General of Police, Gujarat State, is even otherwise writ large in this case. A perusal of
Ext.63 (supra) shows that the Director General of Police in fact did not grant
any sanction for the prosecution of the appellants. Last part of the order
A.K. Tandon, Director General of Police, Gujarat State, Ahmedabad under he powers
conferred under the Amended provisions of TADA (1993) Section 20(A)(2) give
permission to add Section 3. 4 and 5 of TADA." Thus, what the Director
General of Police did was to grant permission "to add Section 3. 4 and 5
of TADA" and not any sanction to prosecute the appellants. It is pertinent
to note here that the permission to add Sections 3,4 and 5 of TADA had been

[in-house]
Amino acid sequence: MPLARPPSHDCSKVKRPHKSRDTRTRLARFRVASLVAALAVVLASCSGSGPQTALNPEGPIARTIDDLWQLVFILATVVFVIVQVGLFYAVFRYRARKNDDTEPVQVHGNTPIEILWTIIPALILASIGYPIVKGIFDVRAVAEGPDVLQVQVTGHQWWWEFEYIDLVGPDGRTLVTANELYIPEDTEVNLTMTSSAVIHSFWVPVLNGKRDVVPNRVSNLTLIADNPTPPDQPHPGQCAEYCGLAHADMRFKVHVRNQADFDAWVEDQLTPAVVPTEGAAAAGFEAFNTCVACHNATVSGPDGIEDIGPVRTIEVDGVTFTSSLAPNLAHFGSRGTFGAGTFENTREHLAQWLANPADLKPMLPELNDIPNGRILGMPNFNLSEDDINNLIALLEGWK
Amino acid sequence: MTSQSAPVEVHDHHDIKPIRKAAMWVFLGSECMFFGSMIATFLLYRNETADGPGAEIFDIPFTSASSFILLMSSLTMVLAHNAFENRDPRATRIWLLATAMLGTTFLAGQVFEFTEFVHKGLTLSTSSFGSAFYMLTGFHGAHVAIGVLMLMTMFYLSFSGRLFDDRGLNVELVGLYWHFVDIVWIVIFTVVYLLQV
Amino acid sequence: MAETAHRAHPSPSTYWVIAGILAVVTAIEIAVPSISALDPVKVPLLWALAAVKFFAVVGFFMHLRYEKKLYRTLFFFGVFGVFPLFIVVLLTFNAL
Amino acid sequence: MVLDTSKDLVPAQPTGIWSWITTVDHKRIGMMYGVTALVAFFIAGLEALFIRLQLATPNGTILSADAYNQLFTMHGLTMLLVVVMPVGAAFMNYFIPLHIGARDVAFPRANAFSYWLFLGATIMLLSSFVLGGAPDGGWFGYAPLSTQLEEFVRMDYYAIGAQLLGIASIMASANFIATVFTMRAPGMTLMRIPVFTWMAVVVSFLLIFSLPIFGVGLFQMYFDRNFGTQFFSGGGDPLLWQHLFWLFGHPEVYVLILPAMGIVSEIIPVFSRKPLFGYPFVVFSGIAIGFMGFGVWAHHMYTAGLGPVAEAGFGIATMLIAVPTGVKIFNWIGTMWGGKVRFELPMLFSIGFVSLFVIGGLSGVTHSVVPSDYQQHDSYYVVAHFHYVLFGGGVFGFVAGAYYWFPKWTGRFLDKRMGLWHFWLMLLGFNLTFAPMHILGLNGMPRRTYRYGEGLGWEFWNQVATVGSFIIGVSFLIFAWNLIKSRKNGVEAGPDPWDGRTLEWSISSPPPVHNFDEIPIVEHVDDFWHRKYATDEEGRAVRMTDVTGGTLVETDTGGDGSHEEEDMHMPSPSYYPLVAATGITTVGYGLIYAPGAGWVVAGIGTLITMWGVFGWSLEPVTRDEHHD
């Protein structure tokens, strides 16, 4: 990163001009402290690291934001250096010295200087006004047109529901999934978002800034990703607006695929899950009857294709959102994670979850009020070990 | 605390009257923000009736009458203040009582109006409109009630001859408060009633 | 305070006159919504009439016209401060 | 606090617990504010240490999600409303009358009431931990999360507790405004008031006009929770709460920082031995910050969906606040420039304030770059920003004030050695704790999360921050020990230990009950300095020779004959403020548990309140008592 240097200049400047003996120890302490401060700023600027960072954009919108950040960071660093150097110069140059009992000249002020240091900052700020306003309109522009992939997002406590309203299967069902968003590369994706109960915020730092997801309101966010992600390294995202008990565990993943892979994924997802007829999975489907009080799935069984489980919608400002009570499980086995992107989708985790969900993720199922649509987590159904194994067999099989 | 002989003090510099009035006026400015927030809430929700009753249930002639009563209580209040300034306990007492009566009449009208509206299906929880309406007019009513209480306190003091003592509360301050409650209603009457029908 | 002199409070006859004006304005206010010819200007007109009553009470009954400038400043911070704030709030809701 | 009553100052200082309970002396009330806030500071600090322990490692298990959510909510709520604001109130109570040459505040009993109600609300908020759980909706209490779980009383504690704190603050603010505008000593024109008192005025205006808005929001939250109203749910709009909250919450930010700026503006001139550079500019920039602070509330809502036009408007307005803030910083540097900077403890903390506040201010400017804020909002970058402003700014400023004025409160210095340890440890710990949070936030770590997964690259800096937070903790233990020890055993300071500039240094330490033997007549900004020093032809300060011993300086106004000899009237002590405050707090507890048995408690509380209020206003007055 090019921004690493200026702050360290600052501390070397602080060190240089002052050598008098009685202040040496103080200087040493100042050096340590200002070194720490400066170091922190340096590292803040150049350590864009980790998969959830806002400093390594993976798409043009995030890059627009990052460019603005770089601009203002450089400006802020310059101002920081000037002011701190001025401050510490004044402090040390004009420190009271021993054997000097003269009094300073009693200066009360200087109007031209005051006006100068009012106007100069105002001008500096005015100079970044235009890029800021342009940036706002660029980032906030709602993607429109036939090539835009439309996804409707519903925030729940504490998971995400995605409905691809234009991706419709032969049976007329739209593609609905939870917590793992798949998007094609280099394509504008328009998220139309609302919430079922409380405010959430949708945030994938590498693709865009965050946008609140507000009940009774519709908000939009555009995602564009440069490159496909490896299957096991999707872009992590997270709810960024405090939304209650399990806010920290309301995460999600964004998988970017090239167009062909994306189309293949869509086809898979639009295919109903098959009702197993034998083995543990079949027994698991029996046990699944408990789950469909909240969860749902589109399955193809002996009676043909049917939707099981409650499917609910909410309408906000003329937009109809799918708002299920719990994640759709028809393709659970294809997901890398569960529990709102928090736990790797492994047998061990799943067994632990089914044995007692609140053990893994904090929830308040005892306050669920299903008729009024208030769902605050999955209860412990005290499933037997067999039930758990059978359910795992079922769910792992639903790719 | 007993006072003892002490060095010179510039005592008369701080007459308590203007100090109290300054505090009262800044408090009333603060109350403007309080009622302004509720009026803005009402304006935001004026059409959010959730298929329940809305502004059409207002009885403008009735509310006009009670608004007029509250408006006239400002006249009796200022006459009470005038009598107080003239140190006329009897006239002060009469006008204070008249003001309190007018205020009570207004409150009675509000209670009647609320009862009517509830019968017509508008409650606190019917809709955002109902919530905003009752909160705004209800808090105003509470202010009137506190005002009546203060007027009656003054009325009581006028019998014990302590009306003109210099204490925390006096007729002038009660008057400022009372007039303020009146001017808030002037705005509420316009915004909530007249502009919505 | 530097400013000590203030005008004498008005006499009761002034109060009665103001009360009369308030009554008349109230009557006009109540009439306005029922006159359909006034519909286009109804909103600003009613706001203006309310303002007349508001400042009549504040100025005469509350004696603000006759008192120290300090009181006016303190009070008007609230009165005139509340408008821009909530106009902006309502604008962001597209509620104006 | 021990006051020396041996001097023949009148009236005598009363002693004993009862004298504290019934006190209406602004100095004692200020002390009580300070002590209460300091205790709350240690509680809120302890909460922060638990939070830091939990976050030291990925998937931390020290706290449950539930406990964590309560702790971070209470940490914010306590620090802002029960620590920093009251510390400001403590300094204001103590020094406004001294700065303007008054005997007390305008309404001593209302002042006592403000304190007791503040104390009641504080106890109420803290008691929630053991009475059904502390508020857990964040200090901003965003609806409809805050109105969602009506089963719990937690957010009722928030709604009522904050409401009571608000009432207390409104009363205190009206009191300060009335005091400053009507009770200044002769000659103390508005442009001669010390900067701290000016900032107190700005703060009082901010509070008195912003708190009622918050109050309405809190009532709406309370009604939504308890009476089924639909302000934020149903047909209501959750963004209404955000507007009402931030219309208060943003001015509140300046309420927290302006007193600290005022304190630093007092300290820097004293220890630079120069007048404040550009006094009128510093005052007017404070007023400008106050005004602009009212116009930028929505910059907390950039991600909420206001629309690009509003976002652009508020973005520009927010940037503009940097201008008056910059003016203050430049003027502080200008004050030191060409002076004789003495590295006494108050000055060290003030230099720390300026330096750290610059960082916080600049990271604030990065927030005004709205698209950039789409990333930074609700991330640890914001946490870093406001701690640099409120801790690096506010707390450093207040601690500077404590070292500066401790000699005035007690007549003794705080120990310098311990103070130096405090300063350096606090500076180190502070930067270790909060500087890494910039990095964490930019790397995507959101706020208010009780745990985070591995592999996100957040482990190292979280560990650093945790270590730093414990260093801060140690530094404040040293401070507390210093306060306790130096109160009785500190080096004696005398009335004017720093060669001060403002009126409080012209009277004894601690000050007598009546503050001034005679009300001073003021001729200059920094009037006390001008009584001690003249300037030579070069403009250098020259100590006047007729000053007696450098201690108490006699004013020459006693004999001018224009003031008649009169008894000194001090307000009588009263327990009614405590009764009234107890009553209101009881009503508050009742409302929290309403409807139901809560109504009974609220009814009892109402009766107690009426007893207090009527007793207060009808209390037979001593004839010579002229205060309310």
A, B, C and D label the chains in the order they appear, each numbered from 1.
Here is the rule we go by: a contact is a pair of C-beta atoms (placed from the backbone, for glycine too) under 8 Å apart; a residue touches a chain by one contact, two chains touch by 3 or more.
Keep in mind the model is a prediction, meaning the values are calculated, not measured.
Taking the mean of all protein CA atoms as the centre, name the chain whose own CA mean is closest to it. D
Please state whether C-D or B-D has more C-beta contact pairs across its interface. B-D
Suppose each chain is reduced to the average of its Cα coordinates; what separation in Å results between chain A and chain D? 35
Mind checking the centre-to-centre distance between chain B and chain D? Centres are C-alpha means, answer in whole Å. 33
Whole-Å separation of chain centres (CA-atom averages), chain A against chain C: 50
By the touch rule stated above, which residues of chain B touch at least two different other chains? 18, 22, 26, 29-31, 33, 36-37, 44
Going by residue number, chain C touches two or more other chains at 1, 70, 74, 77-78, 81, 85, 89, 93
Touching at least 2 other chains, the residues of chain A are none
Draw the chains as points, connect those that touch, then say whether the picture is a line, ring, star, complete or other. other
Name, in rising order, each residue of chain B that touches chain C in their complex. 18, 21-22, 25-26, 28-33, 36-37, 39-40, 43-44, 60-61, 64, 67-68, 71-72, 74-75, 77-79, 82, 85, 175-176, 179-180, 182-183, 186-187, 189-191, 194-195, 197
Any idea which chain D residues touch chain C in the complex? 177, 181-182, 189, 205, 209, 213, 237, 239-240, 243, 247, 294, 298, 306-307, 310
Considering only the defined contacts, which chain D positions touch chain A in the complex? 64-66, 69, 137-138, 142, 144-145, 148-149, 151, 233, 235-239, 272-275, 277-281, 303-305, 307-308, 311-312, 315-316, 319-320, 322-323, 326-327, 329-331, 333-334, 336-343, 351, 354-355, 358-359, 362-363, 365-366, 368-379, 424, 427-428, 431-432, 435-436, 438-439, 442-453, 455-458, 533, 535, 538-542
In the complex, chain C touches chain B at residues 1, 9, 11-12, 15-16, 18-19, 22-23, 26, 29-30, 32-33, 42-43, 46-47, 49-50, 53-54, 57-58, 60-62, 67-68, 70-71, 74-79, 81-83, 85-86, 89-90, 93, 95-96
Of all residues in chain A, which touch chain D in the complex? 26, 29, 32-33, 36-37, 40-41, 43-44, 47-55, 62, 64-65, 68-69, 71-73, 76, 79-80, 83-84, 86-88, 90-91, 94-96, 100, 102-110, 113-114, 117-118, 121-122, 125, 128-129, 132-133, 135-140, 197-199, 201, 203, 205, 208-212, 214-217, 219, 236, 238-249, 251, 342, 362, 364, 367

granted by the Home Secretary, the competent authority, much earlier and no
such permission was sought for from the Director General of Police by the DSP.
The Designated Court thus, failed to notice that Ext.63
was not an order of sanction but an unnecessary permission of the Director
General of Police to add Sections 3, 4 of TADA. The Director General of Police,
apparently, acted in a very casual manner and instead of discharging his
statutory obligations under Section 20(A)(2) to grant (or not to grant)
sanction for prosecution proceeded to deal with the request of the DEP
contained in his letter dated 9.8.1993, as if it was a letter seeking
permission to apply the provisions of TADA. The exercise exhibits that the
Director General of Police did not even read, let alone consider
"carefully", the FIR and the letter of the DSP dated 9.8.1983. We
cannot but express our serious concern at this casual approach of the Director
General of Police. On a plain reading of Ext.63, therefore, we must hold that